Update On Theranos23 May 2016 By Roger Peng
I think it’s fair to say that things for Theranos, the Silicon Valley blood testing company, are not looking up. From the Wall Street Journal (via The Verge):
Theranos has voided two years of results from its Edison blood-testing machines, issuing tens of thousands of corrected reports to patients and doctors and raising the possibility that many health care decisions may have been made based on inaccurate data. The Wall Street Journal first reported the news, saying that many of the corrected tests have been run using traditional machinery. One doctor told the Journal that she sent a patient to the emergency room after seeing abnormal results from a Theranos test; the corrected report returned normal readings.
Furthermore, this commentary in JAMA from John Ioannides emphasizes the need for caution when implementing testing on a massive scale. In particular, “The notion of patients and healthy people being repeatedly tested in supermarkets and pharmacies, or eventually in cafeterias or at home, sounds revolutionary, but little is known about the consequences” and the consequences really matter here. In addition, as the title of the commentary would indicate, research done in secret is not research at all. For there the be credibility for a company like this, data needs to be made public.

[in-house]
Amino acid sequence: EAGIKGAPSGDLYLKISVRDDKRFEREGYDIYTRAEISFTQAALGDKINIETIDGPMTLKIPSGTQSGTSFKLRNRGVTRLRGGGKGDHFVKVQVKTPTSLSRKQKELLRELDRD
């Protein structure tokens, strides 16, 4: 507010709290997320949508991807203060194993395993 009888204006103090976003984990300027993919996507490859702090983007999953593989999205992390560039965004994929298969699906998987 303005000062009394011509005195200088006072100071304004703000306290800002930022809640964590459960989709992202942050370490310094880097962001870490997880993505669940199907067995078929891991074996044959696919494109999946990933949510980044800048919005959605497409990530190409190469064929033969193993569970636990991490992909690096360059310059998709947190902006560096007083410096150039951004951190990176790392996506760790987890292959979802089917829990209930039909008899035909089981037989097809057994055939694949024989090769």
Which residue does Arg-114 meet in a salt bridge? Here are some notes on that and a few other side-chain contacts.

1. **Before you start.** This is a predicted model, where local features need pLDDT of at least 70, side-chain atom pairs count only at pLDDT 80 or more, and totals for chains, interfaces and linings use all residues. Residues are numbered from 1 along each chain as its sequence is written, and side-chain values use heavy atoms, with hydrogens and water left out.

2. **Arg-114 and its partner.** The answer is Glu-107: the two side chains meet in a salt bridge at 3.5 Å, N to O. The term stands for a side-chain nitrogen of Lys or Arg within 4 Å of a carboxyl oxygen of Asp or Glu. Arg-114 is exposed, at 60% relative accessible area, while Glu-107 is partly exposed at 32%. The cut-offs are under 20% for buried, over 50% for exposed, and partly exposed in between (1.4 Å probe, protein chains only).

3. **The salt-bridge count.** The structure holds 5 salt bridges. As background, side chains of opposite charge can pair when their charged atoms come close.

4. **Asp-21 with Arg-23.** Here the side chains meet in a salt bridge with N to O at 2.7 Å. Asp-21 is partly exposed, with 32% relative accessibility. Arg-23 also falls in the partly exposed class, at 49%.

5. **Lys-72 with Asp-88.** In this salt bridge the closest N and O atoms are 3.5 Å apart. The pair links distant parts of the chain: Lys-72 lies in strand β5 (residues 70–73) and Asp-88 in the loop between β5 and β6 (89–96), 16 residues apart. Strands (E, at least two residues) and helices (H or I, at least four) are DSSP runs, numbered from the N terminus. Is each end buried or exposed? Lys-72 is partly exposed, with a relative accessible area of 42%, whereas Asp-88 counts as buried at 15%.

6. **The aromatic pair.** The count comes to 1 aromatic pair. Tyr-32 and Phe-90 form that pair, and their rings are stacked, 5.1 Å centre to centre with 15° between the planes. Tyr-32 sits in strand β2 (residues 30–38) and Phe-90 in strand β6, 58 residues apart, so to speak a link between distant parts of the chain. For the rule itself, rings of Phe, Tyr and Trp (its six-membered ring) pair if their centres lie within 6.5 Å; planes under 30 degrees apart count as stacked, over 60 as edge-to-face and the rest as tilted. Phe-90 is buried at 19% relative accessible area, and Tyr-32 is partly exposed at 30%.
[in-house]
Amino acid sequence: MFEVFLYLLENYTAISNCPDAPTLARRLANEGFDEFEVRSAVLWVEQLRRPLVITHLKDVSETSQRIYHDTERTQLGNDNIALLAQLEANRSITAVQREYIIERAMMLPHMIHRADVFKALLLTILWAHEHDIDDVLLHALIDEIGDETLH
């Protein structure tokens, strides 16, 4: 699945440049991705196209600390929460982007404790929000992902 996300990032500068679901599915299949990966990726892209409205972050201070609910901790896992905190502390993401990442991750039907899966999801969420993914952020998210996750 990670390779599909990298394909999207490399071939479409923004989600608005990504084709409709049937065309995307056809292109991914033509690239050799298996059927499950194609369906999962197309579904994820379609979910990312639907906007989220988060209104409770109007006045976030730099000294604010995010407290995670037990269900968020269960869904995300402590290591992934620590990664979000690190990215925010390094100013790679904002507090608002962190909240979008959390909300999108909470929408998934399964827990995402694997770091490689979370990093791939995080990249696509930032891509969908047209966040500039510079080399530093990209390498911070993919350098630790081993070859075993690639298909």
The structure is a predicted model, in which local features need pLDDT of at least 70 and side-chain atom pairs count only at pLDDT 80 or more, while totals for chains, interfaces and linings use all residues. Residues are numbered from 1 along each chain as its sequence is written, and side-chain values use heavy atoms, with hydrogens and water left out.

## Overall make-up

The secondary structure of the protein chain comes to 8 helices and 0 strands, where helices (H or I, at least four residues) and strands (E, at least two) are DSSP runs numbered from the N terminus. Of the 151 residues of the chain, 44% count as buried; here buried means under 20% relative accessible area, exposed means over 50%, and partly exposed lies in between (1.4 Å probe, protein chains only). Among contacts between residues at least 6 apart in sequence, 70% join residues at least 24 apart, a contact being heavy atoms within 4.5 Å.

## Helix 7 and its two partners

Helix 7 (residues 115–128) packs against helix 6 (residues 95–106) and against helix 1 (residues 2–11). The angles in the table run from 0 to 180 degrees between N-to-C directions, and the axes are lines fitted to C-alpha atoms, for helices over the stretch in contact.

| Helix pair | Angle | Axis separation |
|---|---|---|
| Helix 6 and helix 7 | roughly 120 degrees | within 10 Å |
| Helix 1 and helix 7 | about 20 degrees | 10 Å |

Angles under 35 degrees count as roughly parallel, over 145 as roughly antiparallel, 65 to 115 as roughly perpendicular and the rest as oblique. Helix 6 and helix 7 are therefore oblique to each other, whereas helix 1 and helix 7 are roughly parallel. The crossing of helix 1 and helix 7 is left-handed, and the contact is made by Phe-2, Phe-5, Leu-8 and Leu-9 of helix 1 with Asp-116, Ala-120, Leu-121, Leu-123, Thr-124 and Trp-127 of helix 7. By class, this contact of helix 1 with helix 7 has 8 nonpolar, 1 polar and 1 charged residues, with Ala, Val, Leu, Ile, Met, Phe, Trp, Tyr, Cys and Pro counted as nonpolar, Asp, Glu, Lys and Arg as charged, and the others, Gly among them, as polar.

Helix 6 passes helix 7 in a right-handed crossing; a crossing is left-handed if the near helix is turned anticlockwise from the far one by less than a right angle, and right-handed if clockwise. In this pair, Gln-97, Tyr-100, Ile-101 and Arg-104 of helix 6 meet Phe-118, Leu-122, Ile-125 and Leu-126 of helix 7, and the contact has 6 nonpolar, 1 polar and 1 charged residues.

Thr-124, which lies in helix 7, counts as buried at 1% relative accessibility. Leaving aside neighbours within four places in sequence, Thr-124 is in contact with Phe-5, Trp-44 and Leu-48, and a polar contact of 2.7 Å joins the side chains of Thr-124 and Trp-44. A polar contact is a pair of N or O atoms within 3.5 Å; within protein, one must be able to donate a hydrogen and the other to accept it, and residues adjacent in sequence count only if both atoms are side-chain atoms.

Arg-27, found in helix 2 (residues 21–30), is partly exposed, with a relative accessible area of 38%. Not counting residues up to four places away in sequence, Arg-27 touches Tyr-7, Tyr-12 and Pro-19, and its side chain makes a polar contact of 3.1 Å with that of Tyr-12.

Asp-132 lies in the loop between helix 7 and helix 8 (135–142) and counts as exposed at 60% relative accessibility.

I continue to maintain that the fundamental premise on which the company is built, as stated by its founder Elizabeth Holmes, is flawed. Two concepts are repeatedly made in the context of Theranos:
- More testing is better. Anyone who stayed awake in their introduction to Bayesian statistics lecture knows this is very difficult to make true in all circumstances, no matter how accurate a test is. With rare diseases, the number of false positives is overwhelming and can have very real harmful effects on people. Combine testing on a massive scale, with repeated application over time, and you get a recipe for confusion.
- People do not get tested because they are afraid of needles. Elizabeth Holmes makes a big deal about her personal fear of needles and it’s impact on her (not) getting blood tests done. I have no doubt that many people share this fear, but I have serious doubt that this is the reason people don’t get the medical testing done. There are many barriers to people getting the medical care that they need, many that are non-financial in nature and do not include fear of needles. The problem of getting people the medical care that they need is one deserving of serious attention, but changing the manner in which blood is collected is not going to do it.